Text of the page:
While accessing reports in the Procurement and sourcing module, you may notice a handful of reports that allow you to choose a currency for the results to display.  Specifically, reports in the “Procurement and sourcing”->”Reports”->”Statistics”->”Spend analysis”, are all based on the standard Purchasing cube.  This ability to show these values in different currencies is driven by currency conversion functionality in Analysis Services.

What’s happening?

The standard AX 2012 Analysis Services cubes use logic similar to the currency wizard native to Visual Studio.  For more information about this functionality, click the following link: https://msdn.microsoft.com/en-us/library/ms175660.aspx Although this post won’t get into the actual details of the currency conversion logic used by the Analysis Service project generation wizard, it is important to understand its output.  For a many-to-many currency relationship, an “Analysis currency” dimension is created.  The selection of the analysis currency determines which currency the results will display in.  This analysis currency dimension is what shows in the report dialog. In addition to the convertible currencies, the local currency is also an option.  If a member of the analysis currency dimension isn’t selected, the local currency results will be displayed by default.  The local currency is the measure in the currency on the record.  For example, in a company with USD as the accounting currency and reporting currency, if a sales order is entered in the CAD currency, CAD is the local currency. If you are using the Contoso environment provided on CustomerSource or PartnerSource, the currency conversion does not work.  Although this functionality is wonderful, it requires a bit of initial setup (just like the rest of the standard AX 2012 cubes) to make sure the automatic currency conversion works properly.

How to make it work

There are three pieces of data that must be set up properly for the convertible currency codes to display in these dialogs:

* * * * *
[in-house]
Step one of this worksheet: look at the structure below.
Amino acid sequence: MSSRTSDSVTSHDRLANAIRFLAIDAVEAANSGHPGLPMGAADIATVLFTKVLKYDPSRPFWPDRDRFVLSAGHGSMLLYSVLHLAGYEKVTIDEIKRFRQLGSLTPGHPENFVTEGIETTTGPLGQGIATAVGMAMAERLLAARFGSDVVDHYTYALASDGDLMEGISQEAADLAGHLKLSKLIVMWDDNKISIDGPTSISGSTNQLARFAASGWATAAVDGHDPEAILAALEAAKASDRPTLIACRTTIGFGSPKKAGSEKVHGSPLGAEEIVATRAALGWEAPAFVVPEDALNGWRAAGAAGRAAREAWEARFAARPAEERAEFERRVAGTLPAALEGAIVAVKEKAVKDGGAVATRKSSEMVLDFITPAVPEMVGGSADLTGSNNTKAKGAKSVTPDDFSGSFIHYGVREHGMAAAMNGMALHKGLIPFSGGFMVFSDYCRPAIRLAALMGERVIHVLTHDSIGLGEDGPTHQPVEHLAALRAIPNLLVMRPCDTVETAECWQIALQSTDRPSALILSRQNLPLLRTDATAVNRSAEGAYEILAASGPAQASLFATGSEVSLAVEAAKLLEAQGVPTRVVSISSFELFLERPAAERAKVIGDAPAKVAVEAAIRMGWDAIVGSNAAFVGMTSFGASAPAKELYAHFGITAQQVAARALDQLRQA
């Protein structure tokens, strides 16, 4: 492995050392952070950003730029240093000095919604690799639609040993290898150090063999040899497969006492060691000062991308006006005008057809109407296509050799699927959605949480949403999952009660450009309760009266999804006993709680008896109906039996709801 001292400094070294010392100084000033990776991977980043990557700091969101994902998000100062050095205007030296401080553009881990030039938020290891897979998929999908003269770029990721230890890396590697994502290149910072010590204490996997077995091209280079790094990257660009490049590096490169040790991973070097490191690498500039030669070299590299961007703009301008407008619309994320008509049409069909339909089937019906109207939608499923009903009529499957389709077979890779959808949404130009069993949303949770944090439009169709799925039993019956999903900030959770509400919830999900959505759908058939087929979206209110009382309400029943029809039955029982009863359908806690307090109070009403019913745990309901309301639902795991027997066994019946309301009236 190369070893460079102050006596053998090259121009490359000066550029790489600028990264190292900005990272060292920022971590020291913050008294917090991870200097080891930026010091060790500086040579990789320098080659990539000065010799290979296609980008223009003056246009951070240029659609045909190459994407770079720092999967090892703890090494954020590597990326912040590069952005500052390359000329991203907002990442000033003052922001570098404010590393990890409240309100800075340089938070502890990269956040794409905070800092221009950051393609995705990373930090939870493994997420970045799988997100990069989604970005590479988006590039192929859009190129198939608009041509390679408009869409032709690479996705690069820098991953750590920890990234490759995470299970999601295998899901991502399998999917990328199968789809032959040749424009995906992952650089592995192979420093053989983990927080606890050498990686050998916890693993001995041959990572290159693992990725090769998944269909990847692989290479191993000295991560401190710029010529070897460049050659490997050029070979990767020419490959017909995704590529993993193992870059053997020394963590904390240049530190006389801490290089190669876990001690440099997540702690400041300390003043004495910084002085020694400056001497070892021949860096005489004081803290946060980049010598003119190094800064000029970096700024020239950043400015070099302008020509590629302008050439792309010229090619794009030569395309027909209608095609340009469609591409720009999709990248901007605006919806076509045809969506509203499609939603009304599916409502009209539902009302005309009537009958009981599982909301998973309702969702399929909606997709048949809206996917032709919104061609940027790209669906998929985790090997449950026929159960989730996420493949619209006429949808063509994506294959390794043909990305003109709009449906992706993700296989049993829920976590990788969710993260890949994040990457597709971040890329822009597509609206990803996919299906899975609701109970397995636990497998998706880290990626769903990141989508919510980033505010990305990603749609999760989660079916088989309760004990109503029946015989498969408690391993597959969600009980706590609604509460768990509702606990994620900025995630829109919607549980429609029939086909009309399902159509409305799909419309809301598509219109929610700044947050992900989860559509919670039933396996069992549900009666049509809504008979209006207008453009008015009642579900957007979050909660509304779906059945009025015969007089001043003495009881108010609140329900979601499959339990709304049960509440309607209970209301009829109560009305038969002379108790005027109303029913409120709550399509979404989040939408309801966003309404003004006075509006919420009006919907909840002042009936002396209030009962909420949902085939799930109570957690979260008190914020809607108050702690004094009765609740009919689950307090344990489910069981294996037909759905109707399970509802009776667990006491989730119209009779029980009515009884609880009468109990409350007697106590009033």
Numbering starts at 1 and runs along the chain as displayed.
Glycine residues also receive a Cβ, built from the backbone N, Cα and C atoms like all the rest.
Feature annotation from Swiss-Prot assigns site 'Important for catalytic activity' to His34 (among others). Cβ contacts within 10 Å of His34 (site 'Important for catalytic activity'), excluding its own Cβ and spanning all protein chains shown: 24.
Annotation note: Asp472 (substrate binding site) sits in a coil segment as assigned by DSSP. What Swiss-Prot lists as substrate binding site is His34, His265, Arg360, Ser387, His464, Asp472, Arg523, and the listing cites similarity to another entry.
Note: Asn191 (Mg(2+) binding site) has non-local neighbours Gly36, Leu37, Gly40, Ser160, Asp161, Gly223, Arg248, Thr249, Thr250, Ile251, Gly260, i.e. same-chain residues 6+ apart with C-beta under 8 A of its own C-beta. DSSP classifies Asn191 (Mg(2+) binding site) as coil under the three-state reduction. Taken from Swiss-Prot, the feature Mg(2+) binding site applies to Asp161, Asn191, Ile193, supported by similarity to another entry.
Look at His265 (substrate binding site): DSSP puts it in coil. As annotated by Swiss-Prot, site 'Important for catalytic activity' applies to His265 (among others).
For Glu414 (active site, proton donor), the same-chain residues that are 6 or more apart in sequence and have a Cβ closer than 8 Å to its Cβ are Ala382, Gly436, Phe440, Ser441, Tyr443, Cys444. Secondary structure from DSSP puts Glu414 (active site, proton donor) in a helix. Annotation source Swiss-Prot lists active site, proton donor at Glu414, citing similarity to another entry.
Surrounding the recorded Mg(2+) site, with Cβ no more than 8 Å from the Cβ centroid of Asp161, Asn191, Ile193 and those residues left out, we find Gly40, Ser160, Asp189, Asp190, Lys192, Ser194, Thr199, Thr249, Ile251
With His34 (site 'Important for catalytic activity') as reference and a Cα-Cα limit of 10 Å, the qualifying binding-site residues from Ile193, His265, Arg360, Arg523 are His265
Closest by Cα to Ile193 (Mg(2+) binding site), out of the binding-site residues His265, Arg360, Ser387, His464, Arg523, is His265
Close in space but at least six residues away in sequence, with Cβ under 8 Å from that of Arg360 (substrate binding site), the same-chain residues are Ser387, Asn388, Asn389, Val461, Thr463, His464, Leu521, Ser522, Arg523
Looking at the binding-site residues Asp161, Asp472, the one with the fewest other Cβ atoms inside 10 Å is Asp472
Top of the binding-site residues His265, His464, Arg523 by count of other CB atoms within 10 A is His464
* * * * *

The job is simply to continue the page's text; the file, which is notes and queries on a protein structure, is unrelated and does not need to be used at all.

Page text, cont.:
1. All companies need an accounting currency setup in the general ledger
  2. A system currency exchange rate type needs to be selected
  3. Each currency that you would like displayed in the report dialog needs to have a valid exchange rate to EVERY exchange rate used as an accounting currency in the system

Although the first condition is pretty straightforward to verify, it is important to understand that ALL companies need to have an accounting currency chosen.  This includes the DAT company and any other AX companies – even those that do not have transactions or are not otherwise used.  If the company exists, it needs to have an accounting currency selected. The second piece of data is another basic requirement.  Make sure there is an exchange rate type selected in the “system exchange rate type” field in “System administrator”->”Setup”->”System parameters.”  This tells the Analysis Services cube which exchange rate to use when displaying different currencies. The third required piece of data is a bit more frustrating.  The query used to build the analysis currency dimension table looks at a number of datasets to determine which currencies need to be created.  This query adds a filter to only return currency codes where there exists a valid exchange rate to all the accounting currencies selected. In the Contoso demo data set, this data is not properly filled out.  As of the demo set provided in the AX 2012 R3 CU8, there are 9 currencies selected as accounting currencies in the various demo companies.  In order to get BRL, EUR, and GBP to display in the report dialog, I had to first create exchange rates between each of them and the other 8 currency codes that are selected as accounting currencies. Once you have the three criteria listed above satisfied, re-processing the Analysis Currency dimension should regenerate the currency codes and provide you with an appropriate list of convertible currencies. To find some additional information about the standard Purchase cube and the vendor country/region not displaying correctly, view my colleague’s post: http://dynamicconsulting.com/blog/procurement-and-sourcing-report-countryregion-problem/ If you’ve moved on and upgraded to Dynamics 365, this problem is no longer a concern of yours.  Instead, look at this post to learn about the Power BI reports used for Procurement and sourcing.